Andrew Grima

Brooch, made by H.J. Co. Ltd.

1962

A “desert rose” or crystallised agate, mounted in 18 carat textured yellow gold and white gold fronds with pavé-set diamonds.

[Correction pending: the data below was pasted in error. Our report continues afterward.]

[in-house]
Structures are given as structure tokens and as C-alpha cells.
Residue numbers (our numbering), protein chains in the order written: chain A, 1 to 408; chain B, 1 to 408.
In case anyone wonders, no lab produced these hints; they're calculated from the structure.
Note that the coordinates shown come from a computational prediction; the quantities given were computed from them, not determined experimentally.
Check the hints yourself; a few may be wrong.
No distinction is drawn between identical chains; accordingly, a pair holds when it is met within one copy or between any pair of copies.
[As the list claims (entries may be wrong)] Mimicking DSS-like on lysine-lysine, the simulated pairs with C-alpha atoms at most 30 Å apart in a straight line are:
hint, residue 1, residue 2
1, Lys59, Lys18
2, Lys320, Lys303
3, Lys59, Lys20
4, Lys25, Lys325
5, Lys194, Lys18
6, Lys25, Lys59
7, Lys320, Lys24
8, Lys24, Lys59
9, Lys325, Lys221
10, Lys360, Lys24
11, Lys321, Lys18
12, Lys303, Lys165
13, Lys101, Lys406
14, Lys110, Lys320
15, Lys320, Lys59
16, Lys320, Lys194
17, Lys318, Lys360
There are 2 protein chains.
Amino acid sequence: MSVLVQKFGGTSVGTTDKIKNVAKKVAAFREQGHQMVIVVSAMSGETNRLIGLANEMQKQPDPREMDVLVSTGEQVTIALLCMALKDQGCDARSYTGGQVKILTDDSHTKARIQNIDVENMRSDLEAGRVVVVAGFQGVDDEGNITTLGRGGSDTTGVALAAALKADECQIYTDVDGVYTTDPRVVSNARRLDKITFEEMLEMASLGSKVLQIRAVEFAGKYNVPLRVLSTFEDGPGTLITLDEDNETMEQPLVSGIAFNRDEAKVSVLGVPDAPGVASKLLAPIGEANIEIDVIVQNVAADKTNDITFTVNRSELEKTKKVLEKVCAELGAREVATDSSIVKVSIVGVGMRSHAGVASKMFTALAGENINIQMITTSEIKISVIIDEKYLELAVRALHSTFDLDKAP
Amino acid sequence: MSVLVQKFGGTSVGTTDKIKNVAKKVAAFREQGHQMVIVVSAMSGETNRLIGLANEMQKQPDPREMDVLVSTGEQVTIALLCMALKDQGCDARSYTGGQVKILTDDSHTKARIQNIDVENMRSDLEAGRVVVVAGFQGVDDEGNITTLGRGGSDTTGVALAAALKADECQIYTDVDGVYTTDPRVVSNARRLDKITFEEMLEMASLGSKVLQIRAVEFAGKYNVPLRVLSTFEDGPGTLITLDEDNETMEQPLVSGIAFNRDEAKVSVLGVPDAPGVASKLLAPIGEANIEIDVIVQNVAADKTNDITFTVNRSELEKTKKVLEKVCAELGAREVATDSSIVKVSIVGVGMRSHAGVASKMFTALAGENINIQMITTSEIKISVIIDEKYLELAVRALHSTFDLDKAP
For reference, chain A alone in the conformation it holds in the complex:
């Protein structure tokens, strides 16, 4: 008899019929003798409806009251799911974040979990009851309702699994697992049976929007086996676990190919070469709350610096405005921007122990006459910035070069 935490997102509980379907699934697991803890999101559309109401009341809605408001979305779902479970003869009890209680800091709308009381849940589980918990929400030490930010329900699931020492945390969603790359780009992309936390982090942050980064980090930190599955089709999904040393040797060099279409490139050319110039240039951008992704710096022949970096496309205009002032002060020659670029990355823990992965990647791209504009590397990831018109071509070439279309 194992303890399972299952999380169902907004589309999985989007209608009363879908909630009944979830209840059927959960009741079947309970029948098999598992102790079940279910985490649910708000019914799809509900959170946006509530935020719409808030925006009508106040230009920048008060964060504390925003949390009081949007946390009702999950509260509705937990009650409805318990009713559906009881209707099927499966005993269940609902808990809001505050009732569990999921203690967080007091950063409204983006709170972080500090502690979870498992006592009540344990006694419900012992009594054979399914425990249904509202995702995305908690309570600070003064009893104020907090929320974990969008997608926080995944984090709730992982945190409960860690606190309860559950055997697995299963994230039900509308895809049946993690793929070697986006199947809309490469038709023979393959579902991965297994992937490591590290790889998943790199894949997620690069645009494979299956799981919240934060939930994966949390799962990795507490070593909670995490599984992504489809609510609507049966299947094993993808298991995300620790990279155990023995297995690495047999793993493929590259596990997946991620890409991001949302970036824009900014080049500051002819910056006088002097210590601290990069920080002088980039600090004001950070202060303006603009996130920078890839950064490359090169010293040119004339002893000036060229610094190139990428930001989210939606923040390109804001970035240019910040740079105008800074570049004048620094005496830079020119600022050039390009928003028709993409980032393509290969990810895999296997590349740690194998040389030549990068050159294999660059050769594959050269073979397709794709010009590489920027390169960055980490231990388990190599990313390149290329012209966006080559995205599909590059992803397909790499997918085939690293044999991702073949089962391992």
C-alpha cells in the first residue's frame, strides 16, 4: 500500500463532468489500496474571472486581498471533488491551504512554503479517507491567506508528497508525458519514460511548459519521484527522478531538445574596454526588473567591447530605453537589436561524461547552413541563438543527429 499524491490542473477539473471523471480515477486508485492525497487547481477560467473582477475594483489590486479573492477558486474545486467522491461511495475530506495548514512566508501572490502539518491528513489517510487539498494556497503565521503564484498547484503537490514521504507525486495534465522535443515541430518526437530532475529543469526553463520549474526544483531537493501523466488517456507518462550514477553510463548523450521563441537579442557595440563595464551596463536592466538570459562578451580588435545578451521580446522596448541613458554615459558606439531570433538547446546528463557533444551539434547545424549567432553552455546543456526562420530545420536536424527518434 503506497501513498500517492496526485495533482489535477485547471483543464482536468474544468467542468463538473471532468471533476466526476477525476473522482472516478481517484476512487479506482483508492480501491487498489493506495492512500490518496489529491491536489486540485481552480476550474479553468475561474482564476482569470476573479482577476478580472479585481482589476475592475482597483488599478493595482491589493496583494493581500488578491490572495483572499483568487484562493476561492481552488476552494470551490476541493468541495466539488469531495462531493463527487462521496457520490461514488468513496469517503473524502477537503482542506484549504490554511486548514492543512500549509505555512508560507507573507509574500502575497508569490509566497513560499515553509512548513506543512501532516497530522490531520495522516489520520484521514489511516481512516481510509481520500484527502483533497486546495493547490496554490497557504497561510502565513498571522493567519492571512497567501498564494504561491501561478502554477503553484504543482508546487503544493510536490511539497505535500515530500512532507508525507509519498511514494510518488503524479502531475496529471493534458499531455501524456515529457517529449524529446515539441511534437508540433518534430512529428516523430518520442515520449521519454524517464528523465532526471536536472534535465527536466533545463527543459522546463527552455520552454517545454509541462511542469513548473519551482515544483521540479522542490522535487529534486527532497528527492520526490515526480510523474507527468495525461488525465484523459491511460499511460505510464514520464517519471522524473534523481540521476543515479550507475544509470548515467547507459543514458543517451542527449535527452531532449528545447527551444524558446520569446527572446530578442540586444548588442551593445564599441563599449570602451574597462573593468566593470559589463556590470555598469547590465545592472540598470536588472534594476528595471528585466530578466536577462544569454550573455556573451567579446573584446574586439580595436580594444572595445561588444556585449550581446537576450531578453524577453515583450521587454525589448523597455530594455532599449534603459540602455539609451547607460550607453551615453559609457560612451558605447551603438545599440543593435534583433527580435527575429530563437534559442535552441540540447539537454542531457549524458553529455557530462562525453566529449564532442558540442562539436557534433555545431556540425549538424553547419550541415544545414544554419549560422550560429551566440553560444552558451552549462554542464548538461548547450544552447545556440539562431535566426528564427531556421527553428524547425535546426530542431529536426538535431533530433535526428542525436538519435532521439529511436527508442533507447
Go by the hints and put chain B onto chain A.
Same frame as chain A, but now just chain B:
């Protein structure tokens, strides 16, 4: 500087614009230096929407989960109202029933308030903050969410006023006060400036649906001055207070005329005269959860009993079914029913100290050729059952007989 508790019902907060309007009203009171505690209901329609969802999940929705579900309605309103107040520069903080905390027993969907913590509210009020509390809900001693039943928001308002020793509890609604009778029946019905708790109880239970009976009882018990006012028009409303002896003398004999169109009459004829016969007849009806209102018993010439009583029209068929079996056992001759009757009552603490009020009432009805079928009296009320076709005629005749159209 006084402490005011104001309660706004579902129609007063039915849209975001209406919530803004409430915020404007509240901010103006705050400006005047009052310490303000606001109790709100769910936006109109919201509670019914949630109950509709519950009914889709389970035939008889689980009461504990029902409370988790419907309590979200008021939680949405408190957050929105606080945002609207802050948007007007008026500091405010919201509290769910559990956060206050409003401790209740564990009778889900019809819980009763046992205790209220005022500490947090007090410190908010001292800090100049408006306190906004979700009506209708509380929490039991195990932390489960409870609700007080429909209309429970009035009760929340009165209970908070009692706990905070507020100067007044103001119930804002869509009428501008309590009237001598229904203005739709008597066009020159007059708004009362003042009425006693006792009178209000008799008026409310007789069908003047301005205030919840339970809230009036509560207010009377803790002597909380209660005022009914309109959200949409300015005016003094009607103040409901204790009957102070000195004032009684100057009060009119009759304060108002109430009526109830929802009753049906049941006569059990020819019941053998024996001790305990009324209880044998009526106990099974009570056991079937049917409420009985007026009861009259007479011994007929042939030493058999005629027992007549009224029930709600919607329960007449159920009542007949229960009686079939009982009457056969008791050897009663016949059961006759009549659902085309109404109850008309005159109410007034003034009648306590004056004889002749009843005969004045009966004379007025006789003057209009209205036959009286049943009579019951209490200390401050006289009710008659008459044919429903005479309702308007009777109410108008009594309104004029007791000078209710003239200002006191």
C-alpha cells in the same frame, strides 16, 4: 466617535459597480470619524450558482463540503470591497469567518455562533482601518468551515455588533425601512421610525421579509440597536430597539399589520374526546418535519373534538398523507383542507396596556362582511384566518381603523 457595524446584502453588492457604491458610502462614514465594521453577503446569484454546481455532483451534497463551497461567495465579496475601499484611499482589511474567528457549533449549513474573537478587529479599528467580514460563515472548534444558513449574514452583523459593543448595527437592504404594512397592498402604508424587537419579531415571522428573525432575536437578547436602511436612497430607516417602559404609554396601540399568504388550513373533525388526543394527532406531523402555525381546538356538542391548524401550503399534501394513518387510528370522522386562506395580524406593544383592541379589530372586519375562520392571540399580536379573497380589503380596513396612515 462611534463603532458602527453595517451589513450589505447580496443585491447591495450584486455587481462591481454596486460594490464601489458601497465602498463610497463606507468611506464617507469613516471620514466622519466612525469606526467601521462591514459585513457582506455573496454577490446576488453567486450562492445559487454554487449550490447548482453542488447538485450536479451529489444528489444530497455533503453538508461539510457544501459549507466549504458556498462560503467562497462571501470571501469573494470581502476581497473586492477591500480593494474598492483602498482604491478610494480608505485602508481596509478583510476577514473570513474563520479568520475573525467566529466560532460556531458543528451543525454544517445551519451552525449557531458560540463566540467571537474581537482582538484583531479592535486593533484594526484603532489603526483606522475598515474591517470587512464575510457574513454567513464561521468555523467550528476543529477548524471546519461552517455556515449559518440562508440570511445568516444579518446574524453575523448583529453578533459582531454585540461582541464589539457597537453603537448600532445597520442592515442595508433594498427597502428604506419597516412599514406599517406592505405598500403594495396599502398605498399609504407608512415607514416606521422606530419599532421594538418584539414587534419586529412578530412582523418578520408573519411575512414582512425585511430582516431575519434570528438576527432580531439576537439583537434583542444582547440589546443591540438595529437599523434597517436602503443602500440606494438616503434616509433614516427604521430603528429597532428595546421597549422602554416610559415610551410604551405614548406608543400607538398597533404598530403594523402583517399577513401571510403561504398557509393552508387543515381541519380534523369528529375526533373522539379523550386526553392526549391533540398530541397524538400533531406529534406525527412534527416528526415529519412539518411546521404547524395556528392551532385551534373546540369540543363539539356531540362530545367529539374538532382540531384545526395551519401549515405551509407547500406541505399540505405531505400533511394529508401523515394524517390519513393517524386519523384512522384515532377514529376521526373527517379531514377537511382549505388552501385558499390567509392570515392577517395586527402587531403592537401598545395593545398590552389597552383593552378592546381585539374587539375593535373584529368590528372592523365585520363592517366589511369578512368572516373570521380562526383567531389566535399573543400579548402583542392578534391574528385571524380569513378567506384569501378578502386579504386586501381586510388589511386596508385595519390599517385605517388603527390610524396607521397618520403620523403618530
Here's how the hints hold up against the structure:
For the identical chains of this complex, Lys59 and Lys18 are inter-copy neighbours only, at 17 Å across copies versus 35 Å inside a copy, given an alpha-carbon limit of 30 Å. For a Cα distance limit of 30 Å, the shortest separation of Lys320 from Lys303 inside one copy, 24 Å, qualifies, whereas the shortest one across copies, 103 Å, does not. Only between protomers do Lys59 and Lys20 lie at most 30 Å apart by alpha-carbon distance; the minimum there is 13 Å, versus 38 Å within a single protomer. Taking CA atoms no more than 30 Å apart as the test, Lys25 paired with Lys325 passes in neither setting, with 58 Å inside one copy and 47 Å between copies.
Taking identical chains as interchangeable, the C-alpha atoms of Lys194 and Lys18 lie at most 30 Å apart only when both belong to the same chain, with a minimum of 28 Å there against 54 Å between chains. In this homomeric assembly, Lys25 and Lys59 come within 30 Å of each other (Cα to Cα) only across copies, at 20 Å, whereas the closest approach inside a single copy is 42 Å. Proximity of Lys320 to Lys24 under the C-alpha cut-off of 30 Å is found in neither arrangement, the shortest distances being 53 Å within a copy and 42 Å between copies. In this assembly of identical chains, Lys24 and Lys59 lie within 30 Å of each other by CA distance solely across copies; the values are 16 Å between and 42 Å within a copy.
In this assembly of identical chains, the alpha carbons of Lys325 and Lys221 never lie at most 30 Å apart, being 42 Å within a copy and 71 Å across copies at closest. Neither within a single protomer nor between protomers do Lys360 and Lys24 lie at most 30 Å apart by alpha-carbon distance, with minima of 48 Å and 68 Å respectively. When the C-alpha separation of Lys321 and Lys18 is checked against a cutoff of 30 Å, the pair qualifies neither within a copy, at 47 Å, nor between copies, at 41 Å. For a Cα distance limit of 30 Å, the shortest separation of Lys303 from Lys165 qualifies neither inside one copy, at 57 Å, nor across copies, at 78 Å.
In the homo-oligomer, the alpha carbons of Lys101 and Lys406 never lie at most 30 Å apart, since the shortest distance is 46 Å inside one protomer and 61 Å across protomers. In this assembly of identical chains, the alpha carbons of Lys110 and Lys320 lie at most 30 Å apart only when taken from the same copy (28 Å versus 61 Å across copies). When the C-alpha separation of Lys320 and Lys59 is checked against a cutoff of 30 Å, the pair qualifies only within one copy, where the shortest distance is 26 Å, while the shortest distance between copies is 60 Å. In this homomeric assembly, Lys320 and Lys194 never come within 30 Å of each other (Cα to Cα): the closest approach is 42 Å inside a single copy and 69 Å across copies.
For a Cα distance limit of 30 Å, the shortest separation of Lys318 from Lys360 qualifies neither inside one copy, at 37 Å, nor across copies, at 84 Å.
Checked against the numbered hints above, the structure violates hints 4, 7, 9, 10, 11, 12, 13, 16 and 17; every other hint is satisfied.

Though self-taught, Grima became one of the world’s leading artist jewellers with a royal, international clientele for his exquisite, one-off pieces. He served with the Royal Engineers in Burma in World War II, honing his mechanical engineering skills in improvising repairs to his jeep. In 1946, he briefly worked in his father-in-law’s jewellery firm, H.J. Company Ltd, then sold the business to set up on his own, staying on as lead designer. The firm executed the prize-winning designs by painters and sculptors for the 1961 exhibition at Goldsmiths’ Hall. This brooch was among one of the Grima pieces to win the Duke of Edinburgh’s Prize for Elegant Design in 1966. It demonstrates Grima’s appreciation for unusual semi-precious stones, roughly-cut or used as crystals. He set them in textured gold, “experimenting with all the techniques available at the time to make gold look like a material which nature might have produced.” The mount hugs the asymmetrical form of the agate as an exercise in micro-engineering, perfectly balanced for wear.